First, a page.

Bison Now Roam Banff National Park For The First Time In A Century

After more than 100 years of being gone, wild bison are now free to roam Banff National Park, Parks Canada announced on Monday.

16 bison, mostly pregnant, were released to freely roam the park and hopefully begin a new herd of their own. The bison were herded into shipping containers and released in the park last week.

The bison will remain in a pasture for 16 months, being closely monitored by Parks Canada, to make sure they're healthy and adjusting well.

Sometime in the summer of 2018, the bison will be moved to a 1,200 square kilometer area of the eastern slopes of the park. Here they will be allowed to live freely as they once did.

"This is a great day for Banff National Park. It's a great day for Canada and frankly, it's one of the great days for wildlife conservation in the history of North America," says Harvey Locke, a trustee with the Eleanor Luxton Historical Foundation in Bamff.

This is the first step in a long term goal to re-establish a wild population of bison in the national park and contribute to the greater conservation of the animal.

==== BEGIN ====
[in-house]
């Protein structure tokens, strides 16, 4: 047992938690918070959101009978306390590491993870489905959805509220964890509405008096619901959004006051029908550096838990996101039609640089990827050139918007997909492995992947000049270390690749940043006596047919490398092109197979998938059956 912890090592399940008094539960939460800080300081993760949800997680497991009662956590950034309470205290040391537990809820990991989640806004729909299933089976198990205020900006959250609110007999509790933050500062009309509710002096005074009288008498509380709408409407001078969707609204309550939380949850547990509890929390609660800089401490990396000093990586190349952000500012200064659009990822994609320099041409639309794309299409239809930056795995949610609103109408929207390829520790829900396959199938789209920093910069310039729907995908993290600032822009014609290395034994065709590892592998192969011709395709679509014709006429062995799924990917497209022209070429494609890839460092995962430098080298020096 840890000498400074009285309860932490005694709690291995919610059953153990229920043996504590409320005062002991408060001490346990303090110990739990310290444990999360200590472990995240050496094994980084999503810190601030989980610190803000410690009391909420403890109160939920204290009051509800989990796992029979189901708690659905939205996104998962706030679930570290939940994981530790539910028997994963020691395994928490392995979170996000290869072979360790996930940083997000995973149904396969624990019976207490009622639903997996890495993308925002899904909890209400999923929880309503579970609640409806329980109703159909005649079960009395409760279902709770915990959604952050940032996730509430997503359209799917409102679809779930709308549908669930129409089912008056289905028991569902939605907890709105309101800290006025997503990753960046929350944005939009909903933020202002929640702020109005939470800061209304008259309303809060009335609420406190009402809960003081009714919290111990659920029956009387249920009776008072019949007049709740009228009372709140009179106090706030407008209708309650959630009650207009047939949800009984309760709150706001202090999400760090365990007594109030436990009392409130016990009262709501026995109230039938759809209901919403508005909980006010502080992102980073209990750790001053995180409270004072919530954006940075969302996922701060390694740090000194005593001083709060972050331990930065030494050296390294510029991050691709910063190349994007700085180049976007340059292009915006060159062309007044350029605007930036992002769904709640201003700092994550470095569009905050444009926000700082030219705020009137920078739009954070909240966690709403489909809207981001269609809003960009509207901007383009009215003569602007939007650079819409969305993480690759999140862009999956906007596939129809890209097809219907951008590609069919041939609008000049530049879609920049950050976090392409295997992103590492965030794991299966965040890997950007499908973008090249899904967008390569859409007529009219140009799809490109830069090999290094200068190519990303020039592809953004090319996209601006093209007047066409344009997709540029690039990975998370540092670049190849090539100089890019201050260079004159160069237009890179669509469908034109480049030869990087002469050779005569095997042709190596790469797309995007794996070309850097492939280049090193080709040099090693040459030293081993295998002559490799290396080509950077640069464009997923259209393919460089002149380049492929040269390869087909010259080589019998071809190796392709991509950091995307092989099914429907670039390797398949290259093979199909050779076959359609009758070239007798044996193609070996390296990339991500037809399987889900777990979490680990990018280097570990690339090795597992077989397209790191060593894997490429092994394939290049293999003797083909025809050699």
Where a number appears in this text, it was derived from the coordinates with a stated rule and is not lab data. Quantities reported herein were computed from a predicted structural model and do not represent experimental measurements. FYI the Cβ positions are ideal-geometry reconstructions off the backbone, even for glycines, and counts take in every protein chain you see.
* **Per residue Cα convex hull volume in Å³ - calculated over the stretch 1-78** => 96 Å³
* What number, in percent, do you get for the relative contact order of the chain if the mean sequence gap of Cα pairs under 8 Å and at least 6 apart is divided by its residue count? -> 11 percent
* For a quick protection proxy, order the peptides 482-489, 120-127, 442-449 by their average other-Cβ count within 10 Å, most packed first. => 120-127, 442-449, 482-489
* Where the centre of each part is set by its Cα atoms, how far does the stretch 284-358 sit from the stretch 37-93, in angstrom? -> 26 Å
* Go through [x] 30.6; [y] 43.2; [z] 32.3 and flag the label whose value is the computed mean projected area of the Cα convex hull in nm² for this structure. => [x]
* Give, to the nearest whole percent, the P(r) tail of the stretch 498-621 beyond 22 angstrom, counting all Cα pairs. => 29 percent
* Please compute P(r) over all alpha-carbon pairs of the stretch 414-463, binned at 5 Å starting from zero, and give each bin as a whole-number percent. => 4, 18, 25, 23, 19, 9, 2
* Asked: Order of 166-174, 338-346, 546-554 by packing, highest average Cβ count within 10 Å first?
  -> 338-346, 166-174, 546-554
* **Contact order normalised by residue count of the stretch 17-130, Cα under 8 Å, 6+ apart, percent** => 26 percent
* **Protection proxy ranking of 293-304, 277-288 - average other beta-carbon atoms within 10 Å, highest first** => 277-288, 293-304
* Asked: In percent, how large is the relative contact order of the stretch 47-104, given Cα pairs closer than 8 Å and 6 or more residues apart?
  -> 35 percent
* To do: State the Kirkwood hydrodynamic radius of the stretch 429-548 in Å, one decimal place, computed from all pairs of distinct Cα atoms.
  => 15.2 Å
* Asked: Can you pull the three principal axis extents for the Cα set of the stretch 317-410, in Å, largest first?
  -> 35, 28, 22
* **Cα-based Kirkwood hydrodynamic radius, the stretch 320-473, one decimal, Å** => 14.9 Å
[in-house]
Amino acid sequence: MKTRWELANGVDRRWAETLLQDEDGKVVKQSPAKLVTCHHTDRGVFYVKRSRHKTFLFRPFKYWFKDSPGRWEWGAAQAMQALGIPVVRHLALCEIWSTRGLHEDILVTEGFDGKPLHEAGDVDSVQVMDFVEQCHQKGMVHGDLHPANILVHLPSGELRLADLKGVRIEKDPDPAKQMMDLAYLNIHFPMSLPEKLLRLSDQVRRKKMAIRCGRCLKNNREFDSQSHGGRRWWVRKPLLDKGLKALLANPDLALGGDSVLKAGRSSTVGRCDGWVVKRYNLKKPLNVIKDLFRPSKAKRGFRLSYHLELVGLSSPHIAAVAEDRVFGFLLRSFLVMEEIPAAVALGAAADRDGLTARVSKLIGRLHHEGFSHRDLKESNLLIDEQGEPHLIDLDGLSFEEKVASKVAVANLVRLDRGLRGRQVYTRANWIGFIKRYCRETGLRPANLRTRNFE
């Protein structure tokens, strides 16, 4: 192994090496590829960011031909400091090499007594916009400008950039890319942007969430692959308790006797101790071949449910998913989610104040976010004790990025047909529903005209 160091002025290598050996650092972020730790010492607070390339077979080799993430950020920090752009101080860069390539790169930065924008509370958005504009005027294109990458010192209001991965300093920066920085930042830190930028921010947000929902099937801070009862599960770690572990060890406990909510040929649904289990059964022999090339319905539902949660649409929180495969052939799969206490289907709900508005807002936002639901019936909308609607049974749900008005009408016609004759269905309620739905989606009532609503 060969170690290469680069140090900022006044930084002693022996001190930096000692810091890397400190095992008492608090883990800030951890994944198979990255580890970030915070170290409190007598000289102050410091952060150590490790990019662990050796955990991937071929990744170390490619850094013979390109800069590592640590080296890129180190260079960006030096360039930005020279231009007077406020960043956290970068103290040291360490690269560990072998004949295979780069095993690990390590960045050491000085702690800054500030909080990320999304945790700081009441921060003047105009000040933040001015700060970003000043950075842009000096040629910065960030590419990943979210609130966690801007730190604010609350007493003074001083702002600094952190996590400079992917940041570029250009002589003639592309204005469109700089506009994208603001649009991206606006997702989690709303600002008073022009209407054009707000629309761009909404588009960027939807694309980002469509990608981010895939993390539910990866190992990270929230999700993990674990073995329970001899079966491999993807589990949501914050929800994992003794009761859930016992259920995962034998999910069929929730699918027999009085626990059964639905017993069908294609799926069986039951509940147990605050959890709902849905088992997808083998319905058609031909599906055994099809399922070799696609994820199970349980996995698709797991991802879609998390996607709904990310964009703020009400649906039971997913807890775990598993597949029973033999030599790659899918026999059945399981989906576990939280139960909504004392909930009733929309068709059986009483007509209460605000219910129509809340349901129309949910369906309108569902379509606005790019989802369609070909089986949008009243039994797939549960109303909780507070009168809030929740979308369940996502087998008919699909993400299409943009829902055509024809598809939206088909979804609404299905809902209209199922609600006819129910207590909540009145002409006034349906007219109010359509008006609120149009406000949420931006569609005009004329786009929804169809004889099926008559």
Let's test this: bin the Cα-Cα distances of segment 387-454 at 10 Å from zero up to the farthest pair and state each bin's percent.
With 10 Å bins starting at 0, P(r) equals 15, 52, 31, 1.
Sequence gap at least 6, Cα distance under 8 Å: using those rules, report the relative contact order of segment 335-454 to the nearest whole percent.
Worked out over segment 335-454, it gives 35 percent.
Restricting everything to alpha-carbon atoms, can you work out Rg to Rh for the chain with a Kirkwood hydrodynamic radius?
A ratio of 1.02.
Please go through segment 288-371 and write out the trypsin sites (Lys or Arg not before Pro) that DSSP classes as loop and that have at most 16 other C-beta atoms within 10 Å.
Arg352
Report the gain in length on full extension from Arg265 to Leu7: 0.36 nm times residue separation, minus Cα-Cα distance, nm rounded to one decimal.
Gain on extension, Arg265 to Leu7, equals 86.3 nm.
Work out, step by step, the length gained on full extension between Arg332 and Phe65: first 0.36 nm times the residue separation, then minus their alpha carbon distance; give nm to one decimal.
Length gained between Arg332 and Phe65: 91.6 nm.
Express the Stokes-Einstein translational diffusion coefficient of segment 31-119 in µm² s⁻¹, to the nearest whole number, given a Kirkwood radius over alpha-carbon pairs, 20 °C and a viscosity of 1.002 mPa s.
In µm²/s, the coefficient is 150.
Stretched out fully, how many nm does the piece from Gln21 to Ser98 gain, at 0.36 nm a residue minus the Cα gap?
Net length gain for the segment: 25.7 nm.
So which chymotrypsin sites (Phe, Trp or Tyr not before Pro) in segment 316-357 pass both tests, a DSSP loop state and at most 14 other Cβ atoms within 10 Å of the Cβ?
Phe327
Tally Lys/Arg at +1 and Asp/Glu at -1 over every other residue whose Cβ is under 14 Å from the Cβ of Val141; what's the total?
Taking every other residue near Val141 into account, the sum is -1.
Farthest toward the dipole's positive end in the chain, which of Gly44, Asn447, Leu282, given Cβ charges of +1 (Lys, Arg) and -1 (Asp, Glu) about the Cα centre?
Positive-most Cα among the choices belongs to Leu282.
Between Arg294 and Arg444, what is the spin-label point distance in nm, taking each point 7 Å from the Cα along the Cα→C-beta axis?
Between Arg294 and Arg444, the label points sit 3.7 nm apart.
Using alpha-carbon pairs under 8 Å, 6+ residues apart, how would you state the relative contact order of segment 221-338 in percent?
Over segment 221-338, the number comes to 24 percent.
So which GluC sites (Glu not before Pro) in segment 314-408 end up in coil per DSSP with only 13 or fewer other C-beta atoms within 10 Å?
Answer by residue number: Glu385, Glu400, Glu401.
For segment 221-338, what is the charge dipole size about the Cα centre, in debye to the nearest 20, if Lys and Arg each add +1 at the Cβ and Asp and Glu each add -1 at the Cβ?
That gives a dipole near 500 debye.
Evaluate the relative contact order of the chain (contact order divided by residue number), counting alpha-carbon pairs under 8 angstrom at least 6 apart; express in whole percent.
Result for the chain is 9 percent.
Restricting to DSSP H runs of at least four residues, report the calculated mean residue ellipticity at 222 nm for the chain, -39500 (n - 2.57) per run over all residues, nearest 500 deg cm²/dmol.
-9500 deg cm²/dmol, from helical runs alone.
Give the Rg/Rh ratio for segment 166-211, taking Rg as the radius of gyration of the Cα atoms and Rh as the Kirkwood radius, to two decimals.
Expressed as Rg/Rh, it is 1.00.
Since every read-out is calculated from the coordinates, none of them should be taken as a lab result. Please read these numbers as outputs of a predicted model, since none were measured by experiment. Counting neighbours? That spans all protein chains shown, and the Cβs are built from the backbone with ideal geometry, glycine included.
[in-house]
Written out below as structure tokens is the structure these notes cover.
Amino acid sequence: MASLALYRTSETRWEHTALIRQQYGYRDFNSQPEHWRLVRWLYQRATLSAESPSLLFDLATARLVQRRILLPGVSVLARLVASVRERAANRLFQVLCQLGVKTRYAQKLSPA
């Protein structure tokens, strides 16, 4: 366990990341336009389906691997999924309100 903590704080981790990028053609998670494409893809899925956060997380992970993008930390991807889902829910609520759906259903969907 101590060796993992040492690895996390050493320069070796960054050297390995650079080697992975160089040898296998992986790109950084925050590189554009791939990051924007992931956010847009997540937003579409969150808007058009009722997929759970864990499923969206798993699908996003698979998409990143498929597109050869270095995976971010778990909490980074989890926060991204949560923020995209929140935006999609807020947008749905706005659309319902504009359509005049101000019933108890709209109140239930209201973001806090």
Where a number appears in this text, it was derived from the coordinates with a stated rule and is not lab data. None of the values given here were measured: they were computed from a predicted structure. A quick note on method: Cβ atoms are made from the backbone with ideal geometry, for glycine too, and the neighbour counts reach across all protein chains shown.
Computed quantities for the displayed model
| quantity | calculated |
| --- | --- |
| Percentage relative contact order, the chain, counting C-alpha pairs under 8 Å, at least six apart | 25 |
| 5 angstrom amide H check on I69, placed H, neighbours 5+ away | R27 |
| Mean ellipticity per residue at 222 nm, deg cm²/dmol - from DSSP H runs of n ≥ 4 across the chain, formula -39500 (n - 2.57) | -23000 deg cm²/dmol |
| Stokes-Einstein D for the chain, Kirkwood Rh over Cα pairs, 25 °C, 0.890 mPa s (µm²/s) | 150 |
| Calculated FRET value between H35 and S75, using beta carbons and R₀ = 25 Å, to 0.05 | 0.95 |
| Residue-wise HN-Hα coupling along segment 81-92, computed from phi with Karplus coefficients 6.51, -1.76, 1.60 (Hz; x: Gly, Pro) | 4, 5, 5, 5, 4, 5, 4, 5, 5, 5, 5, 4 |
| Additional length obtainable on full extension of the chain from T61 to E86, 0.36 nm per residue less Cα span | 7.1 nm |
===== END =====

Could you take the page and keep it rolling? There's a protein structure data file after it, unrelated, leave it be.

"Restoring wild bison … is the righting of wrong that was caused in the 19th century when we almost eliminated wild bison as a species.… Banff Park was involved in saving the species from extinction 100 years ago, and today it's involved in restoring this species as part of the landscape, as a wild animal, and that is really exciting," Locke said.

But Locke thinks the animals well adapt well.

"I don't think the challenges for this herd are very large, because we know from the archeological record that bison were in this park for over 10,000 years.… I think it's going to go very, very well, because it's a native species in its native habitat."

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